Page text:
Teen driver safety targeted by state

Published 12:00 am Saturday, October 23, 2010

VIDALIA — Today marks the last day of National Teen Driver Safety Week, and Louisiana State Police Officers were in full force all week educating teens on the do’s and don’ts of driving.

“The whole goal of this week and the program is education and awareness,” Louisiana State Police Troop E Public Information Officer Senior Trooper Scott Moreau said. “We were just trying to make people aware of the problems that are there.”

According to reports from the LSP, from 2003 to 2008, 73 percent of teen vehicle occupants, ages 16-20, killed in motor vehicle crashes did not have a seat belt on at the time of the accident.

Email newsletter signup

This is a stat Moreau said he wants to change.

Moreau said education and awareness are keys to helping the national problem of poor seat belt usage.

“If people aren’t aware of the consequences, they aren’t going to do it,” he said. “The responsibility of informing teens on the importance of seat belt use falls on the whole community, not just the officers.”

Installing correct driving behavior in a teen is something Moreau said is critical in educating them about safety.

“Educators, older adults and mainly the parents need to show teens the importance of safety while driving,” he said.

Moreau said not wearing a seat belt kills more drivers than drinking and driving does.

“When you couple those two factors together, the stats get even higher,” he said.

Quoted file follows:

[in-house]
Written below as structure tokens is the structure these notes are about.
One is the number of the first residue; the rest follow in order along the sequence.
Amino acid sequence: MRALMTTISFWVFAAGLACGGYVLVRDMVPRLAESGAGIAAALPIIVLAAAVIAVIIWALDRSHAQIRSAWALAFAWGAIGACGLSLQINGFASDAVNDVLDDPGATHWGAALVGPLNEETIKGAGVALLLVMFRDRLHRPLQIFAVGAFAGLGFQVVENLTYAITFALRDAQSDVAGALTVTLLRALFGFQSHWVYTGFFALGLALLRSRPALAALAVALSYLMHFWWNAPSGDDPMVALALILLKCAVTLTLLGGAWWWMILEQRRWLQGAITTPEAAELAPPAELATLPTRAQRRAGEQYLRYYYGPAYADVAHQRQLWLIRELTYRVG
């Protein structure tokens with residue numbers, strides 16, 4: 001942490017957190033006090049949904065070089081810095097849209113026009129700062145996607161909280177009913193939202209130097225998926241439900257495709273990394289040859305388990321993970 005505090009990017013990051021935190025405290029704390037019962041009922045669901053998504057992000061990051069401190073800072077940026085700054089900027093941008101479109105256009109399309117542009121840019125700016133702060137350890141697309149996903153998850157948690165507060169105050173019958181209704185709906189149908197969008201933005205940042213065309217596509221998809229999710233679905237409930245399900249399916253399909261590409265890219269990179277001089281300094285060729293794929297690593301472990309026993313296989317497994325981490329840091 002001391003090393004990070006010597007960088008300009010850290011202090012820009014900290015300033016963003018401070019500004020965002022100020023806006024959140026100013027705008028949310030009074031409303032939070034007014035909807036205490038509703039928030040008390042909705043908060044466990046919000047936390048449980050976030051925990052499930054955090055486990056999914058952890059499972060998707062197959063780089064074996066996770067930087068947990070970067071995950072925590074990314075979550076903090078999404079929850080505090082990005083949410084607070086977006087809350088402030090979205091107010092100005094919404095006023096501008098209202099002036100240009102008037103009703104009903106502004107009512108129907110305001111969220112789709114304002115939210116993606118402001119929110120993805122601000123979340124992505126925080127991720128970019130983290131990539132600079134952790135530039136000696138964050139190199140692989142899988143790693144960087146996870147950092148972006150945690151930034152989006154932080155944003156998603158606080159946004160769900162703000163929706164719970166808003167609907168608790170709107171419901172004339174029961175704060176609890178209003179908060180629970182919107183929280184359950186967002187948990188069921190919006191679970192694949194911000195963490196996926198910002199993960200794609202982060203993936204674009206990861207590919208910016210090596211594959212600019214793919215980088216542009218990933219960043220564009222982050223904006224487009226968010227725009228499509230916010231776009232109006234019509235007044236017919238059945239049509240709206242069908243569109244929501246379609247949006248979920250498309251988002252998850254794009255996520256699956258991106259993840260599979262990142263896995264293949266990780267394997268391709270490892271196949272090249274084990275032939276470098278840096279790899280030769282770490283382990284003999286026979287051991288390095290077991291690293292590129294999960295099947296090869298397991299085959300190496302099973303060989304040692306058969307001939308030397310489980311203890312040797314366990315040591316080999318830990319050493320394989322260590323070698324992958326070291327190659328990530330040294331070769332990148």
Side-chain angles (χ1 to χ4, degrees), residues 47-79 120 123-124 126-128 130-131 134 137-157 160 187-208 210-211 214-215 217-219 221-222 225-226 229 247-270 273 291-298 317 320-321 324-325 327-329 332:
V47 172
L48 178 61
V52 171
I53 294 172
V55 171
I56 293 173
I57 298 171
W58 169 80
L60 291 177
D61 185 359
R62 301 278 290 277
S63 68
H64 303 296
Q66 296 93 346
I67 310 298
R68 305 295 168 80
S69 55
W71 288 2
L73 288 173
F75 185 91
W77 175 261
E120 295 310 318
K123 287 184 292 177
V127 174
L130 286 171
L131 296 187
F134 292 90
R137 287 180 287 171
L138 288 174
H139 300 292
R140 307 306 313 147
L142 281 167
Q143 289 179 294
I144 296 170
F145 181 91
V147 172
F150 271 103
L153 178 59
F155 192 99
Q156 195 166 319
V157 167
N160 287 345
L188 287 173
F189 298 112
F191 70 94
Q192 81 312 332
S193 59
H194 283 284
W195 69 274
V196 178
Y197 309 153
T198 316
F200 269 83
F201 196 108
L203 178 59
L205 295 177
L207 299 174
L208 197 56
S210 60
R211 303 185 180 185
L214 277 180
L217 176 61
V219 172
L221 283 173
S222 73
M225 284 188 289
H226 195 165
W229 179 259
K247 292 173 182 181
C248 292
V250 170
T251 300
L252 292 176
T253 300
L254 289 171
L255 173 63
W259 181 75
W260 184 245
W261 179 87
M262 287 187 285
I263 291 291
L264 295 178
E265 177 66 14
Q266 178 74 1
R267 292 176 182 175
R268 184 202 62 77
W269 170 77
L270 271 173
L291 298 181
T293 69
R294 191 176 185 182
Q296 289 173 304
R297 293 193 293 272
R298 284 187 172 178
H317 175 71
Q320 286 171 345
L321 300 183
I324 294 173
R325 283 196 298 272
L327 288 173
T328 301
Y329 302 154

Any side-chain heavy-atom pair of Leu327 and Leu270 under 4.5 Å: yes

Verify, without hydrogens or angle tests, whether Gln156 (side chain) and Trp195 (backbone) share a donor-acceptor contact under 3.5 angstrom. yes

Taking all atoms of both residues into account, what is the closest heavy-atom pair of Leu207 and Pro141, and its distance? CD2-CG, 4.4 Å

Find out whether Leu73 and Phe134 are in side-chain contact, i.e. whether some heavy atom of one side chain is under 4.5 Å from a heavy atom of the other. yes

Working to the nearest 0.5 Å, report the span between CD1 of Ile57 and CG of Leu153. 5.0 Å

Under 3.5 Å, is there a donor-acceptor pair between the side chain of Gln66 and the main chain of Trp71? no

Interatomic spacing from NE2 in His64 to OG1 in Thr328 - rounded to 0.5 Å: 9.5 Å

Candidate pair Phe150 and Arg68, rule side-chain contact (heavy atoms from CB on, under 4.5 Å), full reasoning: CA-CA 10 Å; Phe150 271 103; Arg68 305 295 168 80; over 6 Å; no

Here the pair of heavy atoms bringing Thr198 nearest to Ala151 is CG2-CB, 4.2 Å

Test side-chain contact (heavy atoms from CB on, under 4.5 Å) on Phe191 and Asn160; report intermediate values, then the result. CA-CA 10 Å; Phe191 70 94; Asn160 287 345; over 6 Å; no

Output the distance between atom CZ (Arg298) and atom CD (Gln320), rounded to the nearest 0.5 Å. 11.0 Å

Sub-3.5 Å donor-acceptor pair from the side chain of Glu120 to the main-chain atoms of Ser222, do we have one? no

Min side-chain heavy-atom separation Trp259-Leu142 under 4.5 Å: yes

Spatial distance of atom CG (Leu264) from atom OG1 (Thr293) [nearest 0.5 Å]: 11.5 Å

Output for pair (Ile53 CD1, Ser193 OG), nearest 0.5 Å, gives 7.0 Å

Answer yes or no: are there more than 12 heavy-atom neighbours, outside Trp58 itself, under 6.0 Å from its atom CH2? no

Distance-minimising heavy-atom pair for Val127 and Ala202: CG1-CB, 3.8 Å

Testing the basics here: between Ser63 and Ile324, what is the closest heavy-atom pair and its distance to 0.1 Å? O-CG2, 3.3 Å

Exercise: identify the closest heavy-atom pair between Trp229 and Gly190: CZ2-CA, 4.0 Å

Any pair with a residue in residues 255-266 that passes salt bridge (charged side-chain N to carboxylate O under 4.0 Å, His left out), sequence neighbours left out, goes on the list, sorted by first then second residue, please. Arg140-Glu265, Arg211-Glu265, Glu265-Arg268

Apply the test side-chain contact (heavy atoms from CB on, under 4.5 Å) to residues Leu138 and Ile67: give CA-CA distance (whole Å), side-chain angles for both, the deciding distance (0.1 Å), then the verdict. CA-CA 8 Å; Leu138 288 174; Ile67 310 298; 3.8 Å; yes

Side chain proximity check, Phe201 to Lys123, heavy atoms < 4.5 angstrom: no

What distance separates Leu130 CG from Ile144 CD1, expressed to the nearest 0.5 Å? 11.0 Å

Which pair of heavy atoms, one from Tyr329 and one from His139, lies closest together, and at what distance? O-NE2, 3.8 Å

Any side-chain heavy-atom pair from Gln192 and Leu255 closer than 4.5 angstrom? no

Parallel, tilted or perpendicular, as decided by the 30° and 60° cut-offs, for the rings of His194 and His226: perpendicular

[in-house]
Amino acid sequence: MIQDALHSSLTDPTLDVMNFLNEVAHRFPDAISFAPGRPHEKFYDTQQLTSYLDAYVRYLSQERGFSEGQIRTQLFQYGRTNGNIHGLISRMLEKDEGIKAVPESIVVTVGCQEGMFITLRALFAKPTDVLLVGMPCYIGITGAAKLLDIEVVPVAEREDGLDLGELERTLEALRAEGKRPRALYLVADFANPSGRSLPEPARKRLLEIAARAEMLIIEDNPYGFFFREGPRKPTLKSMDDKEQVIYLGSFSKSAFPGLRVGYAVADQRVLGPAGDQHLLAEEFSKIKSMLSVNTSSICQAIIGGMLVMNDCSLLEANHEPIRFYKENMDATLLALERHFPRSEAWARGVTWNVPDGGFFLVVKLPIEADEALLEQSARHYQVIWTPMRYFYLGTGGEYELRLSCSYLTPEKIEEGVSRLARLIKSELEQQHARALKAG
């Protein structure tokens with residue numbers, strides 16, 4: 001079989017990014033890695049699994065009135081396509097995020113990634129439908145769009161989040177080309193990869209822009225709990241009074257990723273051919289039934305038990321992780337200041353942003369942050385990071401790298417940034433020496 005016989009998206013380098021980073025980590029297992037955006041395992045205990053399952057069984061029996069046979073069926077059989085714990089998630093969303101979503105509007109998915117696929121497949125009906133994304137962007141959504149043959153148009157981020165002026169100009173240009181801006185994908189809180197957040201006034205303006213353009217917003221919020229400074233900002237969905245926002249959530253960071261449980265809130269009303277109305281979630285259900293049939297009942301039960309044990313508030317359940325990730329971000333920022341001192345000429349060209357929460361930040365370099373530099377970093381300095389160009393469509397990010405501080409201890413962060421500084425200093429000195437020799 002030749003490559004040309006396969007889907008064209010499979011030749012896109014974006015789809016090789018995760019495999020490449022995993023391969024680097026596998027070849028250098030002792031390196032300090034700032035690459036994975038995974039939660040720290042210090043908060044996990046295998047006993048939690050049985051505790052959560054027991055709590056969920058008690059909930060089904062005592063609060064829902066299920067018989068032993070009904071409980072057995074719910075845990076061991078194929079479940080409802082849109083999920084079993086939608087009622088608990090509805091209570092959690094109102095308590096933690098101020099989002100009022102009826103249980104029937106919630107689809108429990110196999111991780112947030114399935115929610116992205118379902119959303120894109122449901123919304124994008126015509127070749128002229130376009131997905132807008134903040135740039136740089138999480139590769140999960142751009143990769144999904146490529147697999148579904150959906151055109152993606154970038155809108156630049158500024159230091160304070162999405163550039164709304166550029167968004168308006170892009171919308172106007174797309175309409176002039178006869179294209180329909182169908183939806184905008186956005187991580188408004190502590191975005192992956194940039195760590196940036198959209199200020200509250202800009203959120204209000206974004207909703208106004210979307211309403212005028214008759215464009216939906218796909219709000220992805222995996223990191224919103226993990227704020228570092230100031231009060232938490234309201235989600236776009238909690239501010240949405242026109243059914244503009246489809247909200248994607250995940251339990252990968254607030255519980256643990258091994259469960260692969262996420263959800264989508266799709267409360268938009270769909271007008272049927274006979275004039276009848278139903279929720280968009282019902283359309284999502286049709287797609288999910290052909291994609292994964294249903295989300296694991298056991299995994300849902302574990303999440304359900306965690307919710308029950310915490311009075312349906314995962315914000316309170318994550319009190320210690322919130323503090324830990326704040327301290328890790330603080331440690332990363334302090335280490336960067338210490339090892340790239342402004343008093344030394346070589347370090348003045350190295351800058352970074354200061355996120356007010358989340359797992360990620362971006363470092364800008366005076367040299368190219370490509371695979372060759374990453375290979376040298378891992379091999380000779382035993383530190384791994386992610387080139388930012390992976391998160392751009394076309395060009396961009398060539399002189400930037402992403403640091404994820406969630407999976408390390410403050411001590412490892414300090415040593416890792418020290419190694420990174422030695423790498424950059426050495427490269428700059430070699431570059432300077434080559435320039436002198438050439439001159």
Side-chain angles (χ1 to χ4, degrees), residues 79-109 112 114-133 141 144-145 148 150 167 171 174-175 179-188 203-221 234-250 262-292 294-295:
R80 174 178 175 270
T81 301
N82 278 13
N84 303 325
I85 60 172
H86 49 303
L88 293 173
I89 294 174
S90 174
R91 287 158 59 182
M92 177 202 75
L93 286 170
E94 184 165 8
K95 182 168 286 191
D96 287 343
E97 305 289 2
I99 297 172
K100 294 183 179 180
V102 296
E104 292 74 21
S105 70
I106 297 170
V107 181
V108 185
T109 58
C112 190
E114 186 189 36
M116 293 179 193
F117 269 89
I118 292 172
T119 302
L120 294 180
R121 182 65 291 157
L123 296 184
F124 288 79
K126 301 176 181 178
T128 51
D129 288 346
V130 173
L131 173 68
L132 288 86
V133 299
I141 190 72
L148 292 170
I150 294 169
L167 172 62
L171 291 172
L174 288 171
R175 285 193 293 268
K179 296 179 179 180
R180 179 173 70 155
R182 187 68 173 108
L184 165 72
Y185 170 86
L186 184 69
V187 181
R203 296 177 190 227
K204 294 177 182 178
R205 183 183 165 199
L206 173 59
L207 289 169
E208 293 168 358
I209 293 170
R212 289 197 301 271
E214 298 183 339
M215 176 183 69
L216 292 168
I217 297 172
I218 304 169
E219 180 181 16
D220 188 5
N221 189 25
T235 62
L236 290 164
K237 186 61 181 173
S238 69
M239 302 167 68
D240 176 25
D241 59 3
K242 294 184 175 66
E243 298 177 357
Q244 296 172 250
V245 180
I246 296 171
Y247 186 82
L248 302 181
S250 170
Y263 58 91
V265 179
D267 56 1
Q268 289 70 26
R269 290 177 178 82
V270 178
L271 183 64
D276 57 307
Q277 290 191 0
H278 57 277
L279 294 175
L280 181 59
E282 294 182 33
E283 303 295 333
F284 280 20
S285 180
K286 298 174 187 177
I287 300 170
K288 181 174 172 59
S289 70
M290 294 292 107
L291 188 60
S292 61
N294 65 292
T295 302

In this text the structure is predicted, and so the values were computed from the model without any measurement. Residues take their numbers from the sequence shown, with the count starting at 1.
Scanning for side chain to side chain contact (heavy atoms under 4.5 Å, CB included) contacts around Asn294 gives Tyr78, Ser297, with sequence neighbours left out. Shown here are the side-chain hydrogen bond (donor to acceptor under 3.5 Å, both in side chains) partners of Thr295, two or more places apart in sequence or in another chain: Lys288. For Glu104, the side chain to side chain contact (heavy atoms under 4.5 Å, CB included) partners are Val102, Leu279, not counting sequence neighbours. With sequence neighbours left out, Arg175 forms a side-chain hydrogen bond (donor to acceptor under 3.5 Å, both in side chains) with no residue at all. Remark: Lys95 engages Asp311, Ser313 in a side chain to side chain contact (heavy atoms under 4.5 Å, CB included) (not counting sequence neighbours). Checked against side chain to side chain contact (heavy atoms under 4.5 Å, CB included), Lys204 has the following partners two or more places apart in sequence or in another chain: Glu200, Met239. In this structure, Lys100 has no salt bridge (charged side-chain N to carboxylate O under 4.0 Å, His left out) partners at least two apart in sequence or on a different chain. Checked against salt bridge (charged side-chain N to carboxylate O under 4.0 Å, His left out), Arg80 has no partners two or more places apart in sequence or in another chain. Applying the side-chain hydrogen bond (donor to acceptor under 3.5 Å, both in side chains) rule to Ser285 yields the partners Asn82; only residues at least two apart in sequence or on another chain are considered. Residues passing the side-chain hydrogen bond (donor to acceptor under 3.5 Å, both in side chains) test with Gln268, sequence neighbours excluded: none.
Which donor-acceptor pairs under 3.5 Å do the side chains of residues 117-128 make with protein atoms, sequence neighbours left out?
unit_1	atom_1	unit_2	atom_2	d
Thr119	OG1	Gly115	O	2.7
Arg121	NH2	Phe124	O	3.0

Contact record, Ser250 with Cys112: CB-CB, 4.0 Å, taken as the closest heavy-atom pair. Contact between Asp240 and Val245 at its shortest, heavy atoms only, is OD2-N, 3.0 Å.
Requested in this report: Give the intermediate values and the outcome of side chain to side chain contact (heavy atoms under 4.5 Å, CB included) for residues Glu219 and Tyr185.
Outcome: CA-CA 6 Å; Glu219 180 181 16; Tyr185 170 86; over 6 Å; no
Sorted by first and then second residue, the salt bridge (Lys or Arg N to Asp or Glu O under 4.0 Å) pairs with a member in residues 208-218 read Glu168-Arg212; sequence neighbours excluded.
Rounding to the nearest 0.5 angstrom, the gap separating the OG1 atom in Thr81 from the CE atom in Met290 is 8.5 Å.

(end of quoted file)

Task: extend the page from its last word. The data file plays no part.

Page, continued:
Moreau said teens need to step up and be leaders when they get behind the wheel of a car.

“We don’t need followers,” he said. “If a teen is at the wheel, they need to step up and make sure everyone is buckled in before they drive.”

Moreau said he has been giving safety presentations to teens, and there is one story he tells that helps get the message to the students.

“I like to ask the audience how many people put shoes on that morning,” he said. “I tell them if you can take one minute to put on something that just protects your feet, you can surely take two or three seconds to put on a seat belt that protects your whole body.”

One thing teens need to know is that driving is not an innate behavior, Moreau said.

“Driving is a physical behavior that takes time and practice to master,” he said. “A teen is not getting all of the experience when they drive and they haven’t physically developed all the way.”

Moreau said this lack of experience, along with trying to multitask causes many teen accidents.

“Texting, making a call or playing with the radio are all distractions,” he said.

Even though the teen safety week is over, Moreau said LSP officers are still going to be out looking for lawbreakers, regardless of age.

“Drivers without seat belts, impaired drivers and aggressive drivers are the ones causing the fatalities,” he said.

“This is nothing we don’t do already throughout the year.”